Aventon Soltera review: Performance

The Soltera immediately impressed me with its comfortable riding position. A cushy saddle combined with an upright riding position make the Soltera pleasant to ride, particularly for those with less flexibility to accommodate aggressive riding positions.

The head unit display also impressed. It’s very bright, even in direct sunlight, and it’s easy to read at a quick glance. Navigating the menus is simple using the handlebar control buttons, and adjusting the assist level is just as easy using those same control buttons. 

Aventon Soltera e-bike throttle

(Image credit: Tom's Guide)

Getting the bike going can be a challenge if you’re counting on the pedal-assist or throttle to do most of the work. It takes about a second or slightly more for the assist power to kick in regardless of whether you’re using the pedal-assist mode or the throttle.

That means you’ll start pedaling under your own power from a dead stop. That’s not a huge problem for most riders, but if the bike is loaded down with weight or you’ll be relying primarily on the motor assist to get you going, that lag can be long enough to become problematic. 

Once you’re up and pedaling, the motor kicks in and offers smooth acceleration. But just as it takes a second or more for the assist to kick in, it also takes a second or so for the assist to disengage, regardless of whether you’re using the throttle or the pedal-assist feature. 

Aventon Soltera e-bike gears

(Image credit: Tom's Guide)

The assist itself is a bit underpowered and bogs down particularly on hills in both the throttle mode and the pedal-assist mode. You will end up doing more pedaling under your own power if you live in a hilly area. 

Aventon Soltera review: Battery life and range

According to Aventon’s website, you can get up to 20 miles of range while using the throttle exclusively, no pedaling. If you use the pedal-assist modes instead, you can get up to 63 miles on a single charge. 

Using the throttle drained the battery very quickly during my testing. At 100% charge, I used the throttle for less than five minutes and was down to 97%. That got me about 0.6 miles. The throttle is best used on short trips, or if you need to get started from a dead stop, particularly with the bike loaded heavy. Otherwise, you’ll probably want to use it judiciously to preserve battery life. 

Aventon Soltera e-bike

(Image credit: Tom's Guide)

The 63-mile range figure that Aventon provides as its outside best is what you’ll get if you only use the lowest assist setting. In the middle settings where you’ll likely spend most of your time, you can reasonably expect a 25-40 mile range on a single battery charge. 

Aventon Soltera review: Accessories

There are pages and pages of accessories available on Aventon’s website. Some are branded Aventon, some are third-party bits. Prices can range significantly depending on how you want to configure your Soltera. You can get basic racks for around $40 to $50, for example, or you can set your Soltera up to haul the kids with a Burley rack mount or frame mount child seat for around $150. 

You can purchase helmets, phone mounts, lights, bike locks, water bottles and cages, and even vehicle bike racks right on the Aventon website.

Aventon Soltera review: The competition

Other inexpensive e-bike options are vast. Many of them feature sourced motors without branding, and batteries that may or may not come from reputable sources. Aventon’s Soltera is no different; the motor is branded Aventon but was sourced somewhere else.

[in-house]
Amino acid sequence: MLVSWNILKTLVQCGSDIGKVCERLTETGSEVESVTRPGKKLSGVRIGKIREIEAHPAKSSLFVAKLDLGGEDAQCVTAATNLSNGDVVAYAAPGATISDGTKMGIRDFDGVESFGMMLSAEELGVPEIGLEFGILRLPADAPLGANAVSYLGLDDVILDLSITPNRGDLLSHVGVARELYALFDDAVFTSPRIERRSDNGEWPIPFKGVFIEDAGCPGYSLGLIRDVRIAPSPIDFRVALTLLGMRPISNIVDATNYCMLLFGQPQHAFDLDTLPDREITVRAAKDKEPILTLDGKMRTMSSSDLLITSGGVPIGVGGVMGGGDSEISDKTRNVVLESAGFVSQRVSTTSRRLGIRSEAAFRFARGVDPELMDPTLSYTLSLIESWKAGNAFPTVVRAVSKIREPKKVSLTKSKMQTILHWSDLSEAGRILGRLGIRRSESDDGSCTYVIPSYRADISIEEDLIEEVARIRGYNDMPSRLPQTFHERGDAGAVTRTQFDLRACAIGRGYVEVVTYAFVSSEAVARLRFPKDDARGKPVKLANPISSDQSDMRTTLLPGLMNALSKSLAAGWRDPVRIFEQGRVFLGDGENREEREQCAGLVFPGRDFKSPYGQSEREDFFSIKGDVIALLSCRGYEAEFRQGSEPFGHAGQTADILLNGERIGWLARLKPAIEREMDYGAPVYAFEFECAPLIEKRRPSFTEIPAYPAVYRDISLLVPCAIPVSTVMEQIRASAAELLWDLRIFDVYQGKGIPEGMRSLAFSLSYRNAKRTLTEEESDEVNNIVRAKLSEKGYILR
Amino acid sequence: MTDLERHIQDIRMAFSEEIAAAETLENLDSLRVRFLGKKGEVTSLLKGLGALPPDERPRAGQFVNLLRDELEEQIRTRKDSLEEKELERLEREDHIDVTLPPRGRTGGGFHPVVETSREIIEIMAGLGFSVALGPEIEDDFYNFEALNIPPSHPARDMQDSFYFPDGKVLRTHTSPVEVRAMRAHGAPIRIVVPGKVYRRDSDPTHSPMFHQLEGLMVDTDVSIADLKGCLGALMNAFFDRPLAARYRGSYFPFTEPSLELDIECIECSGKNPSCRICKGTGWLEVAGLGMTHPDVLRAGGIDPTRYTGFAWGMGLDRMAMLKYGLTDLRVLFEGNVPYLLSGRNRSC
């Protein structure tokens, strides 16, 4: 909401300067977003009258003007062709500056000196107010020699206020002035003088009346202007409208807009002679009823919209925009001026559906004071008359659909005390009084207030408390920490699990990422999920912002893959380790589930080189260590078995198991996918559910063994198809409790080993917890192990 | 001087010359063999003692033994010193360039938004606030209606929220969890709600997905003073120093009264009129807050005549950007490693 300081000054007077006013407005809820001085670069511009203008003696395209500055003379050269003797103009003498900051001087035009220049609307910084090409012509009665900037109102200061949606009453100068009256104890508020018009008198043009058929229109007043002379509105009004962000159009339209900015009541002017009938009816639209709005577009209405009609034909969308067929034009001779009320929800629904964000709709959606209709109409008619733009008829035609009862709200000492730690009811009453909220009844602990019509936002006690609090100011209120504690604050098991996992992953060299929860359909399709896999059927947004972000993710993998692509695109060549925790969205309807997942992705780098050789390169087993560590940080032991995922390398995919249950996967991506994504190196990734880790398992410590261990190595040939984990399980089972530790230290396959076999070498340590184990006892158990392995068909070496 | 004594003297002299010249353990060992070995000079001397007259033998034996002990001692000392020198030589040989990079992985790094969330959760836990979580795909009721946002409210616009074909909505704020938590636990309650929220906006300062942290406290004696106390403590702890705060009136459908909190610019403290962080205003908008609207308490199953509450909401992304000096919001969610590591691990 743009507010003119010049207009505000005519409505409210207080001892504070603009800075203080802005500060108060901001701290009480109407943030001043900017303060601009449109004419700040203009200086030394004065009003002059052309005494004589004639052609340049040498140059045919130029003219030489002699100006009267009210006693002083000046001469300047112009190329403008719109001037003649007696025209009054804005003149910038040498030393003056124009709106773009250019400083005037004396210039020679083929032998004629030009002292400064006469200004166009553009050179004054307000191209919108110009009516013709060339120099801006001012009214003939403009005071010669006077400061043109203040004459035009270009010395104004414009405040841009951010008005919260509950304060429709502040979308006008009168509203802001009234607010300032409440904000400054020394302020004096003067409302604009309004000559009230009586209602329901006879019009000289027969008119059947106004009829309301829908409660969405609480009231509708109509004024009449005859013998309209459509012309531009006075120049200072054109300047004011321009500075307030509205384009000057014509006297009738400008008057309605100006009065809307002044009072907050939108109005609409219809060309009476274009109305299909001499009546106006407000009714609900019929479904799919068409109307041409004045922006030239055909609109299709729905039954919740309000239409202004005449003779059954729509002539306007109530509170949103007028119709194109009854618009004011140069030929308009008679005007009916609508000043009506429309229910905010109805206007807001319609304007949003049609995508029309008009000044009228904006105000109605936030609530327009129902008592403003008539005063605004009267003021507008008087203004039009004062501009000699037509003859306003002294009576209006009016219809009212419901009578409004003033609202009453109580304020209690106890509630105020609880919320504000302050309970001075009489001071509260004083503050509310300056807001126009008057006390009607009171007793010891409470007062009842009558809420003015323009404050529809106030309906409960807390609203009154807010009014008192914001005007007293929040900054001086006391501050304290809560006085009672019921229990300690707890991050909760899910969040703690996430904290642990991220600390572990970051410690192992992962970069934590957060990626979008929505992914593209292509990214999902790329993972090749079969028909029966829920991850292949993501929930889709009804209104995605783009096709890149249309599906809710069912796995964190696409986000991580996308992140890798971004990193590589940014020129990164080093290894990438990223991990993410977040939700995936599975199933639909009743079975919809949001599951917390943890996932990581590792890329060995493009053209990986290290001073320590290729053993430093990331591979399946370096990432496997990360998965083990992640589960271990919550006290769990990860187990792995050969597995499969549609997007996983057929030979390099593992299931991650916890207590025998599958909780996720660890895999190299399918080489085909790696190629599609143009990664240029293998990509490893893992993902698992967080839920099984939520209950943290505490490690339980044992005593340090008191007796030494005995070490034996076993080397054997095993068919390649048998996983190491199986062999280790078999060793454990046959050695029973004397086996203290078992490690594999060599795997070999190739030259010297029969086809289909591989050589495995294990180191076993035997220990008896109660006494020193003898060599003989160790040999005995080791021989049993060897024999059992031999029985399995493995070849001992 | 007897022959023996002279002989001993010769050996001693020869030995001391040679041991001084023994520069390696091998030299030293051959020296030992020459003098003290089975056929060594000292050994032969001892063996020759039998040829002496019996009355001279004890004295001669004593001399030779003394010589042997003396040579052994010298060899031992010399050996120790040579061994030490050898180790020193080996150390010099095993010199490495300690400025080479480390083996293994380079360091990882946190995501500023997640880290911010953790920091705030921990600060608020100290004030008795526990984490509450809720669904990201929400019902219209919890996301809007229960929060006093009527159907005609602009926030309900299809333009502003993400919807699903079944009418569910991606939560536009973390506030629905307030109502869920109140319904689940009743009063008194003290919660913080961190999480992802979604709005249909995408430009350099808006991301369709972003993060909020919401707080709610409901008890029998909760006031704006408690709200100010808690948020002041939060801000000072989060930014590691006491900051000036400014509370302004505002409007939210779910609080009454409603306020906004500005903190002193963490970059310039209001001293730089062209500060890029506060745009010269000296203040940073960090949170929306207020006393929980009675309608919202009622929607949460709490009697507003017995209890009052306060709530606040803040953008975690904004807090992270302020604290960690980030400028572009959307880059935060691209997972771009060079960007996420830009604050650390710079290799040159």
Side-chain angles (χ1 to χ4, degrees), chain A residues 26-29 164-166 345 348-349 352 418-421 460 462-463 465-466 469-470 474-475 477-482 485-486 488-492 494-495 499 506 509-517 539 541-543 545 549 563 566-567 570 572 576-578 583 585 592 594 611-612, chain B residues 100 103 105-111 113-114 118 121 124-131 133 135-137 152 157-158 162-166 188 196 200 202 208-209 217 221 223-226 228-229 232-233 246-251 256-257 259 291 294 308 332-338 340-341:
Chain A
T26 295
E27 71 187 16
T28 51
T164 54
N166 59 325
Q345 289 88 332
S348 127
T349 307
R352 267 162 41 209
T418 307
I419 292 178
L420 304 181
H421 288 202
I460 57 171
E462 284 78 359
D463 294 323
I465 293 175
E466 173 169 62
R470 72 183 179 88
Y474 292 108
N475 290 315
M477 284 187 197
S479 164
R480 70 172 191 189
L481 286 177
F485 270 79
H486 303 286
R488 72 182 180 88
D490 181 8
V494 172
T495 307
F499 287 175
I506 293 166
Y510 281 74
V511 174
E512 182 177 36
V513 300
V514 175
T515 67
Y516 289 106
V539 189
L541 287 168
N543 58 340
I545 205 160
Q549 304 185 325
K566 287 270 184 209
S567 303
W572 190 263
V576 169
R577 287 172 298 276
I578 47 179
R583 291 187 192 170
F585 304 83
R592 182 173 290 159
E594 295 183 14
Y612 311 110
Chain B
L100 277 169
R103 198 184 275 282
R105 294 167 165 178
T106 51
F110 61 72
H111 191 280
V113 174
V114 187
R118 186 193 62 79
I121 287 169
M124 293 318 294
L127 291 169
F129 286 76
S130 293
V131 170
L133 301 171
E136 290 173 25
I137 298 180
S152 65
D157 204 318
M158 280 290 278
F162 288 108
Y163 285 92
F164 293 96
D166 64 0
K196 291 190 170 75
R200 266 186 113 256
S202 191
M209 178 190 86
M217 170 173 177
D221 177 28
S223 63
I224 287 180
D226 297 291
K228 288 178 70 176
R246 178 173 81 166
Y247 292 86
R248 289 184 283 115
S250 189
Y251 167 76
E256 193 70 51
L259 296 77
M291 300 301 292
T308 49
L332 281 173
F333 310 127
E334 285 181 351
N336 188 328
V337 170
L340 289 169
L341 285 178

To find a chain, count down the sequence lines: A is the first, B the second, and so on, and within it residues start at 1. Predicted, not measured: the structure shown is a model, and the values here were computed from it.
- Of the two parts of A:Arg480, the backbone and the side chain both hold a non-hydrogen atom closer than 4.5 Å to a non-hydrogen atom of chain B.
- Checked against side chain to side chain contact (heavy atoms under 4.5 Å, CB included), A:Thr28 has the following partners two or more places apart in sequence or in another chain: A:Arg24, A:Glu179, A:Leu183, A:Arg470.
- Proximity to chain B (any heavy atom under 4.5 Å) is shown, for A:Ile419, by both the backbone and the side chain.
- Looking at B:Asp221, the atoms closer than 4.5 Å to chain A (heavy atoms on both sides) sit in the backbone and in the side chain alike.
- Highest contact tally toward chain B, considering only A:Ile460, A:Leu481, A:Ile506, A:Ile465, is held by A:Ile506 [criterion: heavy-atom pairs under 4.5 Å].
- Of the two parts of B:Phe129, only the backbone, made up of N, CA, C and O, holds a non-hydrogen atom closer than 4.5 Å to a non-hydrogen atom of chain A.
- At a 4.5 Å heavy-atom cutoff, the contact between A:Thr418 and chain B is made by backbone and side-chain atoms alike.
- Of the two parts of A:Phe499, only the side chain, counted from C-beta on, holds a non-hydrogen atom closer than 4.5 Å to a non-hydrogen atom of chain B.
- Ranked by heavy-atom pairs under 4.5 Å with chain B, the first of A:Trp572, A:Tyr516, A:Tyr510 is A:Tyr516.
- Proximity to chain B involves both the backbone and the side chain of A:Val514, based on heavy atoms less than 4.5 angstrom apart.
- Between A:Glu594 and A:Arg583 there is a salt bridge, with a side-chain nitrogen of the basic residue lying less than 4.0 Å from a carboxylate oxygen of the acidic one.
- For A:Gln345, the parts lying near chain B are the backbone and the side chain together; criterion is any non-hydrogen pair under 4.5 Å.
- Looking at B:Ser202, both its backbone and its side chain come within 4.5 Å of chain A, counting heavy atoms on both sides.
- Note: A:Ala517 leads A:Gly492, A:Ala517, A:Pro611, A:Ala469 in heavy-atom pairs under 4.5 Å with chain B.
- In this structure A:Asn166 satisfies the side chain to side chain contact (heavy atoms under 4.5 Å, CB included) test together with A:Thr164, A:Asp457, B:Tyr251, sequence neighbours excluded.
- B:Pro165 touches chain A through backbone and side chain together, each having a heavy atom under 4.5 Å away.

I reached out to Aventon for clarification on where they got the motor and battery; the company told me the motor was “white-labeled”, and the battery features either Samsung or LG cells packed by a third-party supplier. The battery in my test bike is labeled Phylion.

Samsung and LG are both reputable names, which is important when you’re considering battery life, repairability, and recyclability. But keep in mind that third-party assemblers may also glue the casings closed, which makes it difficult or impossible to repair batteries, since the casing will need to be pried apart to access the contents within. I couldn’t tell just by looking at the battery how it is enclosed or whether it is repairable. 

Aventon Soltera e-bike battery

(Image credit: Tom's Guide)

Other bikes in the category of inexpensive e-bikes include the $999 Swft Volt, and Ride1Up’s Core5 and Roadster V2, among many others.

Aventon Soltera review: Verdict

The pedal-assist isn’t the quickest, and the parts package isn’t the nicest out there. But the Soltera still delivers a comfortable and fun ride in an attractive package. For an extra $100, you can upgrade to a 7-speed drivetrain and disc brakes. That seems like smart money, particularly if you’ll be carrying heavy loads with the Soltera. 

If you’re looking to save a bit, the single-speed $999 Swft Volt also has a 350-Watt motor and an estimated range of up to 32 miles, though its battery is non-removable and its design and display are both less sophisticated. 

While the Aventon Soltera could do with some more modern touches like disc brakes and quick release levers, beginner e-bike riders or budget-conscious commuters will be plenty pleased with the no-frills package the Soltera offers. 

Dan Cavallari

Dan Cavallari is the former technical editor for VeloNews Magazine, who currently reviews electric bikes, bike lights, and other bike accessories for Tom's Guide. In addition to VeloNews, his work has appeared in Triathlete Magazine, Rouleur Magazine, CyclingTips.com, Road Bike Action, Mountain Bike Action, CycleVolta.com, Tomsguide.com, and much more. Dan also hosts two podcasts on his site, Slow Guy on the Fast Ride: One is about cycling and other outdoor activities, while the other looks at mental health issues. Most recently, Dan also covered the 2022 Tour de France. Dan lives outside of Denver, Colorado with his family.